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I tend to add 2 seven gram weights to the bottoms of my 4-wheel Bachmann and Hornby wagons...I find that gives them just enough weight when empty to ride the rails reasonably solidly and very solidly when they have cargo in them. I think I checked and that gives open goods wagons pretty close to the extrapolated NMRA recommended weights based on their length...it certainly makes them ride better and gets rid of most of the model rocking one sees.



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 Posted: Sun Nov 3rd, 2013 02:28 pm
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Brossard
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What does that do to the total weight Gene?  ISTR reading somewhere that 50g for a 4 wheeled wagon is the rule of thumb (and of course there will be differing opinions) with additional 10g per axle.  RTR coaches come in at around 100g, unmodified, which seems about right.

In any event, most RTR wagons, despite having installed weight, seem to be kind of light.

John



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 Posted: Sun Nov 3rd, 2013 11:52 pm
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Brossard
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It's been one of those 2 steps forward and 1 step back kind of days.  I managed to make up the W-irons, but it was the brakes that proved to be the most time consuming.  The brake folds up from the main fret to receive a folded over laminate to give the brake shoes some definition.  I got the bright idea to use a piece of brass wire through three holes in these etches to align everything.  Only after I'd soldered everything did I realise that I needed the holes to be open to receive the yokes.  So I spent a fair bit of time laboriously drilling out the brass wire.  It would have been better to use a fine broach (or something that won't solder) to align the holes while soldering...ah well, I really should have known better.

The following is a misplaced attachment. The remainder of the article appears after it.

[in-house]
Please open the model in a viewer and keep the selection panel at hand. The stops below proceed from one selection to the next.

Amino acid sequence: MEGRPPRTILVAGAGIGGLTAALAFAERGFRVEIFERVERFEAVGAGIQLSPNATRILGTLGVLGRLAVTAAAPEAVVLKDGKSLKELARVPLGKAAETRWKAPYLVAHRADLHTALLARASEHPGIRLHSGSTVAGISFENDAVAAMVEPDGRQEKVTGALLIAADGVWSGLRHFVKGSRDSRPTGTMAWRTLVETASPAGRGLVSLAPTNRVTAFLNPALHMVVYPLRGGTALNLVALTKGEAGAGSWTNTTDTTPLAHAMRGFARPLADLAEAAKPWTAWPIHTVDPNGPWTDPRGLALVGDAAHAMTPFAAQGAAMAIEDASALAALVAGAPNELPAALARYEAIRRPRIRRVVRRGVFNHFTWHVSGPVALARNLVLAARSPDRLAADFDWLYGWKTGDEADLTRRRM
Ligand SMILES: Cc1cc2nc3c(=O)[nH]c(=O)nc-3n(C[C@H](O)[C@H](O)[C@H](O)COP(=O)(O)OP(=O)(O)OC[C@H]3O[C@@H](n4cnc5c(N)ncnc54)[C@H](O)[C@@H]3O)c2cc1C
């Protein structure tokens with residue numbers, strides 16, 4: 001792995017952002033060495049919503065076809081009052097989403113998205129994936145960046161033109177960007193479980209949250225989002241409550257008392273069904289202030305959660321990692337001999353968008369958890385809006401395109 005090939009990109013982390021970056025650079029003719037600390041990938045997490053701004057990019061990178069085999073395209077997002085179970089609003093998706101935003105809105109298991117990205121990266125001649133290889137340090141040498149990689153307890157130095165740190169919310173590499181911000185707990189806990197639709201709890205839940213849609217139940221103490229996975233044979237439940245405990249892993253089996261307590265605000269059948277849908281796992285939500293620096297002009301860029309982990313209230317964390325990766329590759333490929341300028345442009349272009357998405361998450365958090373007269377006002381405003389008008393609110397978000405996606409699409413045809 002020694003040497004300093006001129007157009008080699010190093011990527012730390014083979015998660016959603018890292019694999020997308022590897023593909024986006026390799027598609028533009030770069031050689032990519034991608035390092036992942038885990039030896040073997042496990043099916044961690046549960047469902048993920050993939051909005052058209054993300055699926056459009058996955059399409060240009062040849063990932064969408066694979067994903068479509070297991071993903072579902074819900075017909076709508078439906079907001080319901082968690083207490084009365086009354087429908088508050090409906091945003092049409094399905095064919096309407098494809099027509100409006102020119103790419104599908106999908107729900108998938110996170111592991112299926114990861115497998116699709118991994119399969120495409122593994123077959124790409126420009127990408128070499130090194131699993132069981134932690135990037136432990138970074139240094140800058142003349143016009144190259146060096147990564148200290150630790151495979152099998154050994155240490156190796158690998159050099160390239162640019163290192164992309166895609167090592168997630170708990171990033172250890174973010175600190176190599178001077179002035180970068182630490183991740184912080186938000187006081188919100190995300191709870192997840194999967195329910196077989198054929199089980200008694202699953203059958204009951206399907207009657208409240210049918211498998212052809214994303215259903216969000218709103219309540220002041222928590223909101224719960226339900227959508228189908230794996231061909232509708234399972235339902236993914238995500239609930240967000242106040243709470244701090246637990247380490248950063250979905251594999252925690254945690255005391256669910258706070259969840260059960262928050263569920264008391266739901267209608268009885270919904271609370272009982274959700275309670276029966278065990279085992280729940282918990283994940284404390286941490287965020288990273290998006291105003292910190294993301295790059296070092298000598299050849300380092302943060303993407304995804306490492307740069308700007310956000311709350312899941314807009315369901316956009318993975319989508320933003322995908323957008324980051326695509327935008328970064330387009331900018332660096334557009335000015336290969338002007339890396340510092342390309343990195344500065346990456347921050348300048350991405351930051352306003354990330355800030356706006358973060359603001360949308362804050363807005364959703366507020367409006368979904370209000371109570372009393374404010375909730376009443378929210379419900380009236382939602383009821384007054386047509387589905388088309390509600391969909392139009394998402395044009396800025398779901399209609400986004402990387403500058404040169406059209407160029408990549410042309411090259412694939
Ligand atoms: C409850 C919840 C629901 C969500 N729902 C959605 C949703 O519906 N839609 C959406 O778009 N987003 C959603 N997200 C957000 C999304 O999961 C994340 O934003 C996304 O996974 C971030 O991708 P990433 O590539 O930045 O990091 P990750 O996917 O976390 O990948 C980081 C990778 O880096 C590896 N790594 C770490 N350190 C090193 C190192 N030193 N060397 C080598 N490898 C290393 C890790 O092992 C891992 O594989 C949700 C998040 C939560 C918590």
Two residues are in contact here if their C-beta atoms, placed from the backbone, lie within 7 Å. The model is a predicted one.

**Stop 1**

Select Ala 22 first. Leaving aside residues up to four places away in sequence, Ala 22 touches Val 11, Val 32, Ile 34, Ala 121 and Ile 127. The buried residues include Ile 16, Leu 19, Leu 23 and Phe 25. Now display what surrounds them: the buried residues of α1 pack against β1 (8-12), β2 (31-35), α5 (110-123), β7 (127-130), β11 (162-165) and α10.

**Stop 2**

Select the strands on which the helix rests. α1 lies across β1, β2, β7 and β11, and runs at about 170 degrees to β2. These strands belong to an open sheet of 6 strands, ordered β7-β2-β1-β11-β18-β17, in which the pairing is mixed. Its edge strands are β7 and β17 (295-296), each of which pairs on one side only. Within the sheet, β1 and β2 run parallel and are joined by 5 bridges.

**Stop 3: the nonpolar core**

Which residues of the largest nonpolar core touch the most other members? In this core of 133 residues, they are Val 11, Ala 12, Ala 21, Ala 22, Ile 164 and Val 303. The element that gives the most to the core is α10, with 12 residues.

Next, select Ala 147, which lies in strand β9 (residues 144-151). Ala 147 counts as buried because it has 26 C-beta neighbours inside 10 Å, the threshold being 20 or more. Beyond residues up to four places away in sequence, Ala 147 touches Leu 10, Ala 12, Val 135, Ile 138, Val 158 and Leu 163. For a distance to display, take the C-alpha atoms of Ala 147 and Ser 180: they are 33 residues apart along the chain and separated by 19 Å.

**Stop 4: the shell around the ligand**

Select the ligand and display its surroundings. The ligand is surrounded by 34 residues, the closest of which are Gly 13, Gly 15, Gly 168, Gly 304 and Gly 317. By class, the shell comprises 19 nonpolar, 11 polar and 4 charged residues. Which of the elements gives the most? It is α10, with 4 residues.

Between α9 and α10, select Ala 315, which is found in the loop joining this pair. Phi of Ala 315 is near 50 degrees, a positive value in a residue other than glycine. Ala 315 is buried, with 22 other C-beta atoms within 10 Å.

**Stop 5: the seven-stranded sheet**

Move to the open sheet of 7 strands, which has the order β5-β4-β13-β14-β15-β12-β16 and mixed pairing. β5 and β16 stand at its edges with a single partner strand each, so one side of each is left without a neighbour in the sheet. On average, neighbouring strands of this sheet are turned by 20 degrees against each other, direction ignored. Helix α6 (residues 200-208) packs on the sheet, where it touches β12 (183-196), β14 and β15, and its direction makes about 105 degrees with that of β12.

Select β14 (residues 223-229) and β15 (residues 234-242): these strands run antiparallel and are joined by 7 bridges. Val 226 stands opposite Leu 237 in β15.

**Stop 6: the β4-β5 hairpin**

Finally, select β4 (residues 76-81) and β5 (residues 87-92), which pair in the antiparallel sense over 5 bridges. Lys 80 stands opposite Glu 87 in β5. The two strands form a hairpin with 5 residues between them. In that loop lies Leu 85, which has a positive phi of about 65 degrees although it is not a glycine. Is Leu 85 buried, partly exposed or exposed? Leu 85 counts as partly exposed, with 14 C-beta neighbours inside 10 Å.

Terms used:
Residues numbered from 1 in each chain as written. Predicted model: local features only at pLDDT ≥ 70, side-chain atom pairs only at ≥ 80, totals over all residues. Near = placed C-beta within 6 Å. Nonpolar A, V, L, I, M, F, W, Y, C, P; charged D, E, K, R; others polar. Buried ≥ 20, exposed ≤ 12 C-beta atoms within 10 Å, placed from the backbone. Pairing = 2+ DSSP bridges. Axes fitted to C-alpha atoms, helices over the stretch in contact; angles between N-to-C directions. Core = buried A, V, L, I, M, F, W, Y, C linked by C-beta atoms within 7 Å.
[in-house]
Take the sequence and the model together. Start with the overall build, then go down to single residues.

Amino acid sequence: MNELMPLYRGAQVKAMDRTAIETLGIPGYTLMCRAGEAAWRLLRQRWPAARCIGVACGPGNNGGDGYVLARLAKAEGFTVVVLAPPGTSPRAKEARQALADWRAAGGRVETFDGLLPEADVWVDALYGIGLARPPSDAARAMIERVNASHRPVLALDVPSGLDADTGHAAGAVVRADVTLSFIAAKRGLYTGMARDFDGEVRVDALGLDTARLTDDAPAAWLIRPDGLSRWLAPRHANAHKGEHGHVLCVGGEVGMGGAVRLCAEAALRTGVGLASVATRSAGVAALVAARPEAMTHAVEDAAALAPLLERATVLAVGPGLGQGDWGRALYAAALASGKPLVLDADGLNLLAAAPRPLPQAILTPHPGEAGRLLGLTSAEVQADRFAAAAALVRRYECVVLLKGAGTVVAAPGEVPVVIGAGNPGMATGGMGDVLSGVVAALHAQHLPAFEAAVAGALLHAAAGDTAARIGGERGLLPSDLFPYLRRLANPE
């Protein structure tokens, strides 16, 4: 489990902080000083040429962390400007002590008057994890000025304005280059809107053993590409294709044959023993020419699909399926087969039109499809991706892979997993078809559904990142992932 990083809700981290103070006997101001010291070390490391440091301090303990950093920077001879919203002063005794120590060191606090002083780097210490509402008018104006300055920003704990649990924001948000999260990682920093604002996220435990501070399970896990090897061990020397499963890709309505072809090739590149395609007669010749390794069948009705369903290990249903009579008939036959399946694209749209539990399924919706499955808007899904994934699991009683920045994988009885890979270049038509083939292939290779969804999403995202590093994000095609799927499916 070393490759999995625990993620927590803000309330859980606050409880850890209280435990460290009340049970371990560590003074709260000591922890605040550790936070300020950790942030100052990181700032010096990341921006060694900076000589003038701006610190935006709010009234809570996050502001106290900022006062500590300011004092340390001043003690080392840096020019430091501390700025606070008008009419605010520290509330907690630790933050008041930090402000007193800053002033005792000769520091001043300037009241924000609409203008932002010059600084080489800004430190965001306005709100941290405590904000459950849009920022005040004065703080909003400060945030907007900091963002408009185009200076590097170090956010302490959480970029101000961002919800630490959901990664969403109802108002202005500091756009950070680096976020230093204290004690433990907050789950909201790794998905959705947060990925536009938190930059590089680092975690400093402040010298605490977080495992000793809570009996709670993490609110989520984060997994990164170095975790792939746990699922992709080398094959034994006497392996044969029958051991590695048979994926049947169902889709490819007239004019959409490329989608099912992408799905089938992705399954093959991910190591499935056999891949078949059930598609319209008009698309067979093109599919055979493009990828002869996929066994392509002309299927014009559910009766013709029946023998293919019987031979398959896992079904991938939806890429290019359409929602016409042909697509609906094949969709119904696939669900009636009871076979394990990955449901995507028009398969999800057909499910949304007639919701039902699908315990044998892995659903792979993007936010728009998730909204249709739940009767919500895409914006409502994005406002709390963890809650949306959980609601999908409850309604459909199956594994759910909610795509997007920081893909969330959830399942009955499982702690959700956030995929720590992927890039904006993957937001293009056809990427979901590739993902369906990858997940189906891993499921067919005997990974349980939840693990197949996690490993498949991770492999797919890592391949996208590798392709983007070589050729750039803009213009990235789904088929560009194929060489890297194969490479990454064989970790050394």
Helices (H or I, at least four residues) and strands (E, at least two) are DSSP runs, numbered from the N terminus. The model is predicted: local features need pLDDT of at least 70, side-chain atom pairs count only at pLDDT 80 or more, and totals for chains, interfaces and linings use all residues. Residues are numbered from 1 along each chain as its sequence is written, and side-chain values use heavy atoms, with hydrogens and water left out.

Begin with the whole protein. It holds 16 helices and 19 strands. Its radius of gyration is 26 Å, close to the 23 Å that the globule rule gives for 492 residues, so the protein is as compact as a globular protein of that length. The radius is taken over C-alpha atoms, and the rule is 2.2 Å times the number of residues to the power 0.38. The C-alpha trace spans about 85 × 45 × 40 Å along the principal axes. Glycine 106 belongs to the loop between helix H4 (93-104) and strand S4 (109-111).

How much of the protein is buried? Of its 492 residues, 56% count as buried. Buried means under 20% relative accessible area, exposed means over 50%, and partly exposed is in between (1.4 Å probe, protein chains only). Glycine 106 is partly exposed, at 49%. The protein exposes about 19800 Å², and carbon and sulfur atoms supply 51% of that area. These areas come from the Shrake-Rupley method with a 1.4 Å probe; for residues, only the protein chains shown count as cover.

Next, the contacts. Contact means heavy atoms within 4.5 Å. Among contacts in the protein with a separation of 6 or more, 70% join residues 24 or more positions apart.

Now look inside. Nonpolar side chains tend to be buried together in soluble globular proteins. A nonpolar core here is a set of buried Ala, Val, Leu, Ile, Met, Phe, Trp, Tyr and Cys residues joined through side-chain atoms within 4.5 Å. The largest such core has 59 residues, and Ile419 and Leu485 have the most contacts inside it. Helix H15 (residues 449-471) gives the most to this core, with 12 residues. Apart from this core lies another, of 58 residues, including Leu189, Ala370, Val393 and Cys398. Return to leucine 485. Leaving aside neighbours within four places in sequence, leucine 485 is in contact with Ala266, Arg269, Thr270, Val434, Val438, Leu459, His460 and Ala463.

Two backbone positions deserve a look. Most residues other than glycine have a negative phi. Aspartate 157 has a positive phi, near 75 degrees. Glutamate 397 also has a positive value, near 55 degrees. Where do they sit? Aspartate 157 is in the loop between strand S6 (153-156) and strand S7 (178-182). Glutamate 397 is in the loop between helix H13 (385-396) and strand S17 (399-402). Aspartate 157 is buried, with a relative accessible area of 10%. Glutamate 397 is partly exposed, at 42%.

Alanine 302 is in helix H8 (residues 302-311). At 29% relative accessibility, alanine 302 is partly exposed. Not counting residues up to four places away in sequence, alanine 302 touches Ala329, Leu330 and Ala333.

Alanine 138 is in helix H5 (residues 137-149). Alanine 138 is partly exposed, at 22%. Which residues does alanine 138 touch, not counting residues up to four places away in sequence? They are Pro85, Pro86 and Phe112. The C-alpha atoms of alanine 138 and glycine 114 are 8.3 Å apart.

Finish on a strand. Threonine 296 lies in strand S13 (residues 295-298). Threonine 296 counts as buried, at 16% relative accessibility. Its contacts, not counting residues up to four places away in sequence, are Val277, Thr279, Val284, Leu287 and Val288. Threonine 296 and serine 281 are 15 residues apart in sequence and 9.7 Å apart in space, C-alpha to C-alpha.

Anyway, the hard part is done:




You can see the progression of the W-irons.  I want to stress that you really need to use waisted bearings for these spring dooby dobs.  The cone will more easily slide inside the axlebox, the hole will require lengthening.

You can see the bearing holders with wire attached.  This is sharp!  My fingers are full of holes!

The W-iron assembly can be seen.  I found that it is best to fold up the W-iron part first.  If you have bending bars they are ideal, as it is I used flat head pliers and needle nose pliers to alternately fold the W-iron and then bend out the kinks from the distortion.  Brakes are a major fiddle as I mentioned.  Be careful to avoid bending the brakes until absolutely necessary, that half etch will fatigue and break very quickly.  Finally there's a reinforcing flange on the base that gets folded up and reinforced with solder.

The next W-iron has the bearing holders installed and finally we can see the wheel set installed.

I think that's the hard part done.

John



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 Posted: Mon Nov 4th, 2013 04:36 am
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Genetk44
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It adds 14 grams of weight John....every litte bit helps,especially on things like empty coal wagons or other open types. I'm not at hoe but if I remember correctly it brigs the weight up pretty close to 50 grams, but I could be wrong .....



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 Posted: Mon Nov 4th, 2013 09:33 pm
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Brossard
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Another one of those back and forth days as we take this journey of discovery.:shock:

I carried out trials with the W iron assemblies installed.